SPEAKING at the Atlantic Festival in the US in September-end, National Security Adviser Jake Sullivan listed the Joe Biden administration’s achievements in West Asia. A truce was holding in Yemen, the Iranian attacks against the US forces had stopped, the American presence in Iraq had stabilised and West Asia was quieter than ever in the last two decades, he said. The deceptive and brutal attacks by Hamas on October 7 on Israel, which resulted in 1,400 Israeli fatalities and more than 200 taken hostage, showed how far removed the Biden administration and the Netanyahu government were from the ground reality. They had no information about the subterranean activities of the Islamic Revolutionary Guard Corps (IRGC) in support of Hamas.
In recent years, Iran has emerged as an important X factor in West Asian politics with its export of a clergy-led model of political governance to other nations to establish a ‘Shiite crescent’ of power from the Persian Gulf to the Mediterranean. The Sunni Ba’athist party government in Iraq was an effective bulwark against the spread of the Iranian influence till its leader Saddam Hussein was executed in December 2006. For a long time, the US followed a dual-track policy of penalising Iran for its destabilising behaviour in the region with the imposition of sanctions on the export of oil coupled with its readiness to hold a dialogue on important issues, such as its nuclear weapon capability. This policy worked well till the US was able to exercise significant pressure on Iran with the help of Russia and China, and Iran had an incentive to improve relations with the US to get relief from sanctions.
The Ukraine war, which deepened the US-Russia rivalry, and the accelerating ‘Cold War’ between the US and China in recent years have significantly weakened the ability of the US to mount effective pressure on Iran as the latter was able to export oil to China by defeating the US sanctions after 2018. Russia itself needed to buy drones and missiles from Iran for its war in Ukraine. Both Russia and China had no interest in putting checks on Iran’s nuclear programme or alter its behaviour towards the other states (mostly US allies) in West Asia.
In a speech in November 2020, Iranian Supreme Leader Ayatollah Khamenei exuberantly declared that the “USA is not the world’s dominant power, it is melting away. Asia will become the centre of economics, political and military power. We are in Asia.” In another speech, he said the Iranians should not expect any foreign assistance or changed policies from the Western governments: “Our officials should improve Iran’s capability to face hardships on its own. Future talks with the West should be limited to the nuclear issue.” He described Iran’s missile programme and other military efforts (supporting its foreign proxies, such as Hezbollah) as ‘defensive’, aimed at deterring its enemies.
That Iran would look at China as its future political, economic, energy and security partner became clear when the two countries signed a 25-year strategic partnership agreement in March 2021; it provides for deeper cooperation in the export of crude oil, civilian nuclear energy, the use of national currencies for trade as well as cooperation in science & technology and security. China has facilitated Iran’s induction into the SCO and BRICS. China brokered an agreement between Iran and Saudi Arabia in March this year to restore diplomatic ties and de-escalate tensions.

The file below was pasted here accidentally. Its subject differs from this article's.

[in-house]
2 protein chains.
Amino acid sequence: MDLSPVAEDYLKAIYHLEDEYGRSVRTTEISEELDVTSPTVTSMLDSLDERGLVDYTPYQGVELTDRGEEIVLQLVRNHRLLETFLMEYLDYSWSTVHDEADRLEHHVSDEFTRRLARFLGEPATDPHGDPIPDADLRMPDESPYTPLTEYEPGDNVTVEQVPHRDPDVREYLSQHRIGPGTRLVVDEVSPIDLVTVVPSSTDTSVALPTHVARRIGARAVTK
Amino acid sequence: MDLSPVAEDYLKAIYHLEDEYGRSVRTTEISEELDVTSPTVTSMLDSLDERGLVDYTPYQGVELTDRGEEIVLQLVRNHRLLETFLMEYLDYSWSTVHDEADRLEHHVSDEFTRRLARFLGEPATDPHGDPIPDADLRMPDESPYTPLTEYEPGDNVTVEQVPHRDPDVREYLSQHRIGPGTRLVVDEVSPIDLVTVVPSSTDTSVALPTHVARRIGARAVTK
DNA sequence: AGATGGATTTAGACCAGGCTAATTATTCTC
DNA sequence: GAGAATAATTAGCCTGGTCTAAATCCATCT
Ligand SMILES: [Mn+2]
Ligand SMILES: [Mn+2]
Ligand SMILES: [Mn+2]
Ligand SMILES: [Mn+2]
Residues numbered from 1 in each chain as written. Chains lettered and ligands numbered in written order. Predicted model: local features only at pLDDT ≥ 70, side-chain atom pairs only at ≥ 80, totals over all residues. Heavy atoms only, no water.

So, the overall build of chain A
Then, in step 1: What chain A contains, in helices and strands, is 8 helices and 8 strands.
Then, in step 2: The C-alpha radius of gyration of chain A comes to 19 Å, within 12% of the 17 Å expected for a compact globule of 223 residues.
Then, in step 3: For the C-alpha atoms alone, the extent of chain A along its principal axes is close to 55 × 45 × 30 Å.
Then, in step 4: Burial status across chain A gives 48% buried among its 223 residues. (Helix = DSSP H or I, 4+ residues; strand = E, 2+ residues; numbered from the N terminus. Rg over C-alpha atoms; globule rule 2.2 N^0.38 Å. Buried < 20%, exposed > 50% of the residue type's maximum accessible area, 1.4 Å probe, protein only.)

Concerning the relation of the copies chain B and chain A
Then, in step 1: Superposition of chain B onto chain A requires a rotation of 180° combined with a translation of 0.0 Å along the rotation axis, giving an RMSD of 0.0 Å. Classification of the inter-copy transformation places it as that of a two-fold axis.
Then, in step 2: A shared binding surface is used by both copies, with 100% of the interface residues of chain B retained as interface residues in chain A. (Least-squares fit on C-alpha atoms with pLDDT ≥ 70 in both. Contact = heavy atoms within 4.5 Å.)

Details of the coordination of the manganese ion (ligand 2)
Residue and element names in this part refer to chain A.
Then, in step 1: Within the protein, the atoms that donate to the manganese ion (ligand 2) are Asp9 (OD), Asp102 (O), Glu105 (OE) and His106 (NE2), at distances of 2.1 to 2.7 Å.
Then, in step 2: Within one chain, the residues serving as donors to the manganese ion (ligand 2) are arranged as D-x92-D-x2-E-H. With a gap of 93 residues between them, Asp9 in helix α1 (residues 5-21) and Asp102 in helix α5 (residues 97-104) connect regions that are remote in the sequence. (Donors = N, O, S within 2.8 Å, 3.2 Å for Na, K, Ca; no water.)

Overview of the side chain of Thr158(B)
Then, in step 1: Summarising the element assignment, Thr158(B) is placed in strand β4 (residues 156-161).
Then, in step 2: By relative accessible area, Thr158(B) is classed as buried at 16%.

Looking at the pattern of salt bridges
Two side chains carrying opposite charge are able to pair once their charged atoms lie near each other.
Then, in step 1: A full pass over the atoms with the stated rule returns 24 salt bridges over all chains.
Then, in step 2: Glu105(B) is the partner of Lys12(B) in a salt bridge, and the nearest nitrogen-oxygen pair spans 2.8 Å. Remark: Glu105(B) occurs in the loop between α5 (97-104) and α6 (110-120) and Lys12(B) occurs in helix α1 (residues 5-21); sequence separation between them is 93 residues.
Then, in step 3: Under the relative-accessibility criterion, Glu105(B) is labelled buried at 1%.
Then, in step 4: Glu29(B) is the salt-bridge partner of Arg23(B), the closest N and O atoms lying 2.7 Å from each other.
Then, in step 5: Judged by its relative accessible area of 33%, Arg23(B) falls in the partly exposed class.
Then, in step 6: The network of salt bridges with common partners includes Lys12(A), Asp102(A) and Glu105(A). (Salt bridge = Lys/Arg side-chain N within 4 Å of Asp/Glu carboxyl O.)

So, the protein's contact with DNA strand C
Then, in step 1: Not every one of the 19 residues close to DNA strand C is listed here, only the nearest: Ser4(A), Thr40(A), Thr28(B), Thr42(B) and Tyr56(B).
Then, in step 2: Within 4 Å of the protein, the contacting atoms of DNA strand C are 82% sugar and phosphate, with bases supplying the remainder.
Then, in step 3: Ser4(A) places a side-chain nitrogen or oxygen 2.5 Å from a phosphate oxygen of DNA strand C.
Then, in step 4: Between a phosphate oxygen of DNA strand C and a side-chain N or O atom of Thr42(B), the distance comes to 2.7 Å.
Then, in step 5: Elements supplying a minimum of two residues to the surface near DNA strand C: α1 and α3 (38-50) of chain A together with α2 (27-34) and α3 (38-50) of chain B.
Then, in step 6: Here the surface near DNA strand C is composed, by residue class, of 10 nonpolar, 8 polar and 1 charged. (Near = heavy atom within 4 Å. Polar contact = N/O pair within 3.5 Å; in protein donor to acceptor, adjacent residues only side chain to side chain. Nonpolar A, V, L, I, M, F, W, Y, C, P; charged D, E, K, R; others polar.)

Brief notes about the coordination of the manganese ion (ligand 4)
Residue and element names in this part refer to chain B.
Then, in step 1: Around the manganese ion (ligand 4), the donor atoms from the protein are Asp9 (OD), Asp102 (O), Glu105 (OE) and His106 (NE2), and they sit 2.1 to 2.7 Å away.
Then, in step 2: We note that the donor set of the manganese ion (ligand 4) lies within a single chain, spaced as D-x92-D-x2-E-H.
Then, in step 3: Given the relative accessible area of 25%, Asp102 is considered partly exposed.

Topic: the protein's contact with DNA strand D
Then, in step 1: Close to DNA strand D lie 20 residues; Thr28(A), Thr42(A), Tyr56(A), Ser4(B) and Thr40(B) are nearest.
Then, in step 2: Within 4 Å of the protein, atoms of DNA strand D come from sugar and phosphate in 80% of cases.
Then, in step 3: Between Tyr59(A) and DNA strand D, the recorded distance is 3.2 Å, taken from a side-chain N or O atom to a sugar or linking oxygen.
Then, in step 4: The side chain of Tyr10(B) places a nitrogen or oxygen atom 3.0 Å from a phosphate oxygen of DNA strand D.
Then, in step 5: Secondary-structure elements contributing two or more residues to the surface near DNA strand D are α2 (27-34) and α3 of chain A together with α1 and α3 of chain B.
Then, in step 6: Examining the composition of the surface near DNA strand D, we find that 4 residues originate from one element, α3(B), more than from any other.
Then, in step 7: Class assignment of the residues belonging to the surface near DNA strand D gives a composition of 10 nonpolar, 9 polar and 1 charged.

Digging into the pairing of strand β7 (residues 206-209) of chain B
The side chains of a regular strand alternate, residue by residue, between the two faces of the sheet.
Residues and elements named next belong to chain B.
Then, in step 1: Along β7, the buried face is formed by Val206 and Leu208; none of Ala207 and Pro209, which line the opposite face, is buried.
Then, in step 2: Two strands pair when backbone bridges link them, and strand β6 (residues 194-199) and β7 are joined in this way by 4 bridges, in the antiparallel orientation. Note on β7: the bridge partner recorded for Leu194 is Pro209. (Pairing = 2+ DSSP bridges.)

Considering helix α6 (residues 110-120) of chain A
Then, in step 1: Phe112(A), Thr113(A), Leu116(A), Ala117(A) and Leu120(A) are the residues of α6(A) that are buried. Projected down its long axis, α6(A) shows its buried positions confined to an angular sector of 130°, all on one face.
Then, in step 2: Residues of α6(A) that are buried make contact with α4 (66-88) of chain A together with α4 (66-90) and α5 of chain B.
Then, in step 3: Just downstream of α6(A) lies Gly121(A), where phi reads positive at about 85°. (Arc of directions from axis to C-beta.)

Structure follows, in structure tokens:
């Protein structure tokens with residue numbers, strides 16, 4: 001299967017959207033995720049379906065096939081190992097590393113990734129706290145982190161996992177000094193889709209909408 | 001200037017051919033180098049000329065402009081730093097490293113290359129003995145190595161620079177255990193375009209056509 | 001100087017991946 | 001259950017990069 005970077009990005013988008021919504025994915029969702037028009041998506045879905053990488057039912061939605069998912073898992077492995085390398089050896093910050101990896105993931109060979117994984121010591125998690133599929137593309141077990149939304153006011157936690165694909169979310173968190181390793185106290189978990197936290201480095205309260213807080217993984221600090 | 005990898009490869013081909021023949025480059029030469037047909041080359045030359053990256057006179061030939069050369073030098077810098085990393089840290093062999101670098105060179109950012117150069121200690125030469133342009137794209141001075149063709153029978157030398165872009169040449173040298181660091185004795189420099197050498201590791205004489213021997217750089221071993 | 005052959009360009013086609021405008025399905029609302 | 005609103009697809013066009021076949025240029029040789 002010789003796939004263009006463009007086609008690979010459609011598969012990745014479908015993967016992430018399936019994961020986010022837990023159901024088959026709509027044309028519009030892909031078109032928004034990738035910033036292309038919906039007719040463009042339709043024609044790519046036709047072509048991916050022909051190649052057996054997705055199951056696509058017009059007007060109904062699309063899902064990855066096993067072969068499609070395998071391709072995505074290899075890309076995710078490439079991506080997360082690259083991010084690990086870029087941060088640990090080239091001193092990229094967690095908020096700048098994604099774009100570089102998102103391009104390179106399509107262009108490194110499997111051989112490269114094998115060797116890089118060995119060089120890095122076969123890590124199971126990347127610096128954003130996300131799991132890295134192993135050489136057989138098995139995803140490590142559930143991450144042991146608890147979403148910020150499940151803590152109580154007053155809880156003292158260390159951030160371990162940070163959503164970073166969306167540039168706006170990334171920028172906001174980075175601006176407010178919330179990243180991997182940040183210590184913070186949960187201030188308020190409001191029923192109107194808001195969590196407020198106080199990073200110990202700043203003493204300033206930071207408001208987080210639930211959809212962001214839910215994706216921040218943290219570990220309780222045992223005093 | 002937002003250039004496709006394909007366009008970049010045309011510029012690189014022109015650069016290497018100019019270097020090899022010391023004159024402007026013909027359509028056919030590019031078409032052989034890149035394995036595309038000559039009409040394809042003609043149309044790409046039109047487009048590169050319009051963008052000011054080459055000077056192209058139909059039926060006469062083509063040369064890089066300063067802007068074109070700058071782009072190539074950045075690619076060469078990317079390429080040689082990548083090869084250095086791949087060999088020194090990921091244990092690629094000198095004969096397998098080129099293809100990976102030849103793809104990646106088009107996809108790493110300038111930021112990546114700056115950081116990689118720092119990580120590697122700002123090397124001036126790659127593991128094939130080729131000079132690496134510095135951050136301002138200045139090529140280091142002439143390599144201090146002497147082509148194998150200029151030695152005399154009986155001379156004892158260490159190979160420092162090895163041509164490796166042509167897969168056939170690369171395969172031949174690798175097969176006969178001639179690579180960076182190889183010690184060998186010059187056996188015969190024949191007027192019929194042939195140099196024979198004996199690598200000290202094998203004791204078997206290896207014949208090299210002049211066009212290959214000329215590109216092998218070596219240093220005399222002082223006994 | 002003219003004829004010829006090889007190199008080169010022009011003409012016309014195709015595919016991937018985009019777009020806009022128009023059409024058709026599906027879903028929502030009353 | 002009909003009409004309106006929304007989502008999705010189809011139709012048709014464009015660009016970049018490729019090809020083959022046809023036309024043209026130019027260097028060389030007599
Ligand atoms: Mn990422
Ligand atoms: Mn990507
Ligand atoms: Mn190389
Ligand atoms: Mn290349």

The US sanctions on the export of oil by Iran, while hitting its economy, have failed to dampen its revolutionary fervour or extension of support to Shiite groups in Bahrain, Kuwait, Saudi Arabia and other countries. The clergy has been able to regroup the hardliners, marginalise the liberals and buttress the IRGC and other groups of its liking to stay in power. It has bred a number of militant proxies, such as the Hezbollah in Lebanon, Houthis in Yemen, Hamas and Islamic Jihad in Gaza, some with the ability to make ballistic missiles and carry out drone attacks to balance its adversaries’ superiority in conventional weapons.
Iran was able to endure an eight-year war (1980-88) with Iraq when the West and almost all Arab states supported the Saddam Hussein regime; it managed to protect its allies in Syria and the Houthis in Yemen in recent conflicts and become a nuisance to US-backed Saudi Arabia.
It has revived the sidelined Palestinian issue by supporting Hamas, created complications for the extension of the Abraham Accords between Israel and Saudi Arabia and bred a new spectre of instability and escalating war in the region.
After the failure of Trump’s “maximum pressure” campaign, the Biden administration has tried to improve relations with Iran by making quiet deals through Qatar. One of these involved allowing Iran to export oil by relaxing the imposition of sanctions in the expectation that Iran would either delay or stall its uranium enrichment programme for a bomb. Another deal was for the release of five American hostages by Iran in return for billions of dollars held by South Korea for the import of oil.
As per Defence Secretary Lloyd Austin, the US responded militarily only four times against Iran or its proxies, while the latter launched 83 attacks on the Americans since Biden assumed office. The latest attack by Hamas against Israel clearly indicate that Iran has no intention to abide by the above deal. Iran holds most of the cards to ensure that the current war in Gaza does not widen as its entry would compel the US to intervene directly, with adverse regional and global consequences.
An important message for India and others is that they should not be deterred from strengthening their relations with Iran, given its importance in the emerging geopolitics of the region, since the US itself is not hesitant about deal-making with Iran.
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